ICONIC LITTLE CHEF!!
September 02, 2014 • Leave a Comment
How cool a Little Chef can you get?? This is one that it seems I was meant to find. After missing a turn off for an R.O.C post, I was flying along the A1 when I noticed this fantastic building on the left, it was blocked off from the carriageway and no way to stop so I thought that was that. Anyway, looking at the maps later on to see roughly where it was, it turned out to be right on the other side of the road from the Travelodge i'd booked for two nights time! On my return I found a way to it around the back of a huge roadhouse type pub that showed that this must have been quite a busy stopping place in times past, indeed enough to merit what I later found out to have been "Britain's only architecturally important Little Chef", according to The Guardian.
It was designed by the Modernist architect Hugo Segar "Sam" Scorer, and built in 1960-1, originally as a filling station(!), with the distinctive "hyper-parabaloid" (now that's a word to crowbar floorboards up with) roof on four concrete stanchions presumably covering the pumps. It cost £4500 in old money to build and survived as a petrol station until 1989, when it was converted to a Little Chef, which stayed open until summer 2012. In March 2012, while still open as a Chef, it was given Grade 2 listing, but only for the roof. They didn't seem to think much of the rest as the listing states "the canopy and four structural supports remain intact and uncompromised by the inserted building beneath...the restaurant building does not have special interest and is excluded from the listing".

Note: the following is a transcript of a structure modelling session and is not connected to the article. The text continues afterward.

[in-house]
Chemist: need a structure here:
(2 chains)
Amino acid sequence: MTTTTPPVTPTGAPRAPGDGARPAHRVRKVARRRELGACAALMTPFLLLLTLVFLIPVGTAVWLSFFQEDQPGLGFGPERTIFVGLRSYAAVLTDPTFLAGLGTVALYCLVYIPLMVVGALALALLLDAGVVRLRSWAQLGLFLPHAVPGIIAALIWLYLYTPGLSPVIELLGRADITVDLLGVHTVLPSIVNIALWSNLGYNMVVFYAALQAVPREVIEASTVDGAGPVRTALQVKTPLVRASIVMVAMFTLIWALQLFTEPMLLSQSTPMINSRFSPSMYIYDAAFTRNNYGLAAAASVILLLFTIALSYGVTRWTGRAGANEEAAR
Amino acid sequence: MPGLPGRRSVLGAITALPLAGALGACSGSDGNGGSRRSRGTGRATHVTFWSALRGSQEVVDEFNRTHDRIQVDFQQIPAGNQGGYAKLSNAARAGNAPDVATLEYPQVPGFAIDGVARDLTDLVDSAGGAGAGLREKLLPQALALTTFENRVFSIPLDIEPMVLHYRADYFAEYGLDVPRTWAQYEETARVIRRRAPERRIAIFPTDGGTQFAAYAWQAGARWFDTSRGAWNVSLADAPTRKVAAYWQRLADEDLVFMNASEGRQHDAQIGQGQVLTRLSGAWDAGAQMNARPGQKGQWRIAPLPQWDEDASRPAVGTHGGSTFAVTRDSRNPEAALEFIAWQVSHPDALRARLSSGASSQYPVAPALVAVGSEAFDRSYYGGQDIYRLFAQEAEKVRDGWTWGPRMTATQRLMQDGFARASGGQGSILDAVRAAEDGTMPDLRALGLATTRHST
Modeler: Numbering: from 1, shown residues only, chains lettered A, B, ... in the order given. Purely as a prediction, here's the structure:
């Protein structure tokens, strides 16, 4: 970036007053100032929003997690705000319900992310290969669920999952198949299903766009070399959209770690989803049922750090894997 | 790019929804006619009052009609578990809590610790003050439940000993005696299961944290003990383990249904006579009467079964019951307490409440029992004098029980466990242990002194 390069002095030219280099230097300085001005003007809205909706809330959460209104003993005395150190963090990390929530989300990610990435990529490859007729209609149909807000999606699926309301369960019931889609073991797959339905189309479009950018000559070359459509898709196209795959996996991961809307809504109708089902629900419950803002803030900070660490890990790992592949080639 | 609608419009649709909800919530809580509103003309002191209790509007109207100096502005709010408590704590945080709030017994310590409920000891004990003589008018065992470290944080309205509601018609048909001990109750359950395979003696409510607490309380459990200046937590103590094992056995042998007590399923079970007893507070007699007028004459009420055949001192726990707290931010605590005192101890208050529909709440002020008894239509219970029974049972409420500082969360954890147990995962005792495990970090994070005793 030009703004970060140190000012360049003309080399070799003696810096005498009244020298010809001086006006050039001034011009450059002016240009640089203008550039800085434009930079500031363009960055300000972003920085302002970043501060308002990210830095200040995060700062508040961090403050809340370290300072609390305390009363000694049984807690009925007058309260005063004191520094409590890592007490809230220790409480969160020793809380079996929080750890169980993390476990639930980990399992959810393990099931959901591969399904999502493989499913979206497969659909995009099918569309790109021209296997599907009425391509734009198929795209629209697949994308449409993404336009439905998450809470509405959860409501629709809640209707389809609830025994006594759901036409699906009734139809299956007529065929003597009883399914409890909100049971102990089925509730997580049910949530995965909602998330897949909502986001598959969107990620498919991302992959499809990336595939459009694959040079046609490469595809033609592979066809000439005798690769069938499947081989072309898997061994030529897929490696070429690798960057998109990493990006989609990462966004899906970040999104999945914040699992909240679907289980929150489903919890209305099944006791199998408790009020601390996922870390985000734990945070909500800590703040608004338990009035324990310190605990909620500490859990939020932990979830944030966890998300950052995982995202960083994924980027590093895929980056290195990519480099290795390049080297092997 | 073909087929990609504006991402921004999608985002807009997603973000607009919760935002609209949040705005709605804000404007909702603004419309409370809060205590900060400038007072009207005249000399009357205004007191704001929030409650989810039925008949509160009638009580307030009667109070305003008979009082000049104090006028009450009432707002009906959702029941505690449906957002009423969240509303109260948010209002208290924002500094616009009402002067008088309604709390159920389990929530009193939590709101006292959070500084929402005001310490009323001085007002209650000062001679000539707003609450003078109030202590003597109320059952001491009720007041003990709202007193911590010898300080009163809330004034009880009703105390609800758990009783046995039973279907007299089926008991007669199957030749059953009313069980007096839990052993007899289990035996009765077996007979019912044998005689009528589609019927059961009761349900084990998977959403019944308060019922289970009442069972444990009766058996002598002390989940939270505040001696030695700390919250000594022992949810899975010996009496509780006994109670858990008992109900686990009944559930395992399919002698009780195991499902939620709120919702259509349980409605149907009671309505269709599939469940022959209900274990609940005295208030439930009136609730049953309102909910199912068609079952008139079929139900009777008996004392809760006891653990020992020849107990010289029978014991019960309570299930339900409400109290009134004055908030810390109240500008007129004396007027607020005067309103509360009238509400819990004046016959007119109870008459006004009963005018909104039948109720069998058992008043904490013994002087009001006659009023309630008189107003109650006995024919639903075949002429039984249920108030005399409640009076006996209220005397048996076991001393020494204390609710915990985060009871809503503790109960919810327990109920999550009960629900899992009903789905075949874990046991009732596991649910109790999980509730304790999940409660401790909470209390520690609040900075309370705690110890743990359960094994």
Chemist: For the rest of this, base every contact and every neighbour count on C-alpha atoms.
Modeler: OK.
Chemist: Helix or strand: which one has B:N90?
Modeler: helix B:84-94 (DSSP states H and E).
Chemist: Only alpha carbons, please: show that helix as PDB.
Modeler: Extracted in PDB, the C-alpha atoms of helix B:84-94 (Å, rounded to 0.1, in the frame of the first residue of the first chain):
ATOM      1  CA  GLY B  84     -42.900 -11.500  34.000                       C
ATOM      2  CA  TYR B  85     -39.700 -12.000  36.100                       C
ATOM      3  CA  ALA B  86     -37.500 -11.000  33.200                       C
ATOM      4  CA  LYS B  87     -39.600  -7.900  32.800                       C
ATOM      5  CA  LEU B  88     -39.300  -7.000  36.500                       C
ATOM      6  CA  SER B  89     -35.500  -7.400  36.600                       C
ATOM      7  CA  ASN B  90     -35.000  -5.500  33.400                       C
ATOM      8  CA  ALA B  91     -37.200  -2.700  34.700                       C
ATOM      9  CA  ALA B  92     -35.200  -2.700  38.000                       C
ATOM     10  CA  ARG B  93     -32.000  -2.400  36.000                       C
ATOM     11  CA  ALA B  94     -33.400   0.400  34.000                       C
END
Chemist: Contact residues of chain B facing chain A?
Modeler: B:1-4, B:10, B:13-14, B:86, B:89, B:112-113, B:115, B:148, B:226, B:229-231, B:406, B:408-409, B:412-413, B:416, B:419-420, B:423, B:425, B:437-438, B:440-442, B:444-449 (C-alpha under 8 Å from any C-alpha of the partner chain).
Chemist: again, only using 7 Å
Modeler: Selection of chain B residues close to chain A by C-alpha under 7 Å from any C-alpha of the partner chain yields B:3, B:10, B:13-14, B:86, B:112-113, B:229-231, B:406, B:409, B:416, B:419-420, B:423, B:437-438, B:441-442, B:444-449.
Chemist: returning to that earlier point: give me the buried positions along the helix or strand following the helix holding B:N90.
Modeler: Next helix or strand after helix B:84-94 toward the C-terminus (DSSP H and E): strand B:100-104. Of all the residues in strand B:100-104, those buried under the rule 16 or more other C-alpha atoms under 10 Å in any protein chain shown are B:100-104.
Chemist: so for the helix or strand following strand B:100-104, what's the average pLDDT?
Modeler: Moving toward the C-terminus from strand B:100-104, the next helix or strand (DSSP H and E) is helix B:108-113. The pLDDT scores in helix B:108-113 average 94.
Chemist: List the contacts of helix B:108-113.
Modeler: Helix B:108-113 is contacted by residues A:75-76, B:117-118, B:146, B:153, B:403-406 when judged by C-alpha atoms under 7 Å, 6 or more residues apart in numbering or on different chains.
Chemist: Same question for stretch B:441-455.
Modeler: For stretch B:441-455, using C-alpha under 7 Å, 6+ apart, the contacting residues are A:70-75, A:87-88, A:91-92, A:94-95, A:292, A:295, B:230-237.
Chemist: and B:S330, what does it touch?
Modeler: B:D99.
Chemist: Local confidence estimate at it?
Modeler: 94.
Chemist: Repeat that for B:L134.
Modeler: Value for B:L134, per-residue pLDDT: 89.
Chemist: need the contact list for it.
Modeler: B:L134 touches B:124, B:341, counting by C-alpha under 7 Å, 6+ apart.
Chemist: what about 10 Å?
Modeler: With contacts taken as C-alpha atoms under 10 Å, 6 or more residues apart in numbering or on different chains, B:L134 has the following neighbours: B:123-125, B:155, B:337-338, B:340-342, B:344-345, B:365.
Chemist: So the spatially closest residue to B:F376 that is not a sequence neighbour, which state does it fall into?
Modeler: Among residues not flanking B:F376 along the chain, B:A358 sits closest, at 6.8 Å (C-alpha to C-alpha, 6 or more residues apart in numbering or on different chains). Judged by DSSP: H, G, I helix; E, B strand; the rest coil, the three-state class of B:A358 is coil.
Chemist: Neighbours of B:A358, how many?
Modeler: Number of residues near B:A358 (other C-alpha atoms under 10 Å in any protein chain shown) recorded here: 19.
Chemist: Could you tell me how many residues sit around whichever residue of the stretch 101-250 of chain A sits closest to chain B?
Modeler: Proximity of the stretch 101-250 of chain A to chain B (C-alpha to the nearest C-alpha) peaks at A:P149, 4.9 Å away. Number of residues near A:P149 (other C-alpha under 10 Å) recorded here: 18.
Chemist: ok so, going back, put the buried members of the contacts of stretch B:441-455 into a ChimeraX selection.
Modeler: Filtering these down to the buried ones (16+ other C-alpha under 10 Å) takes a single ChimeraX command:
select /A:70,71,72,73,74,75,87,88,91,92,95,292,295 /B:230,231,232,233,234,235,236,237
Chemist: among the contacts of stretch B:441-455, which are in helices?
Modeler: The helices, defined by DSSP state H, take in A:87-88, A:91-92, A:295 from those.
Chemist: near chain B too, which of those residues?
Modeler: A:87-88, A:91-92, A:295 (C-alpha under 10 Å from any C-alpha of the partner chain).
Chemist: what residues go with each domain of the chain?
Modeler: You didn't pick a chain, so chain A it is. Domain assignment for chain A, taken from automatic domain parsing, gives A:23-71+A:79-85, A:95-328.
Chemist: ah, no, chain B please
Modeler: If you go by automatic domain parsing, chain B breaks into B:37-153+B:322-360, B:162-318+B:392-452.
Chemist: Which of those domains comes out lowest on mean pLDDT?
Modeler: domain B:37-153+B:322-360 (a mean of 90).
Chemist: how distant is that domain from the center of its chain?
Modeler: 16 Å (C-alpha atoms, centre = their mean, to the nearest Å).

The next morning I had breakfast at the new and 'rebranded' Little Chef across the road, which was very nice, but I couldn't help thinking what it would have been like to be in this great building. Then I carried on to that R.O.C post...
P.S Little Chef itself is now an endangered species- from a peak total of approx. 439 around the year 2000, there are now only 74 left open in the U.K.
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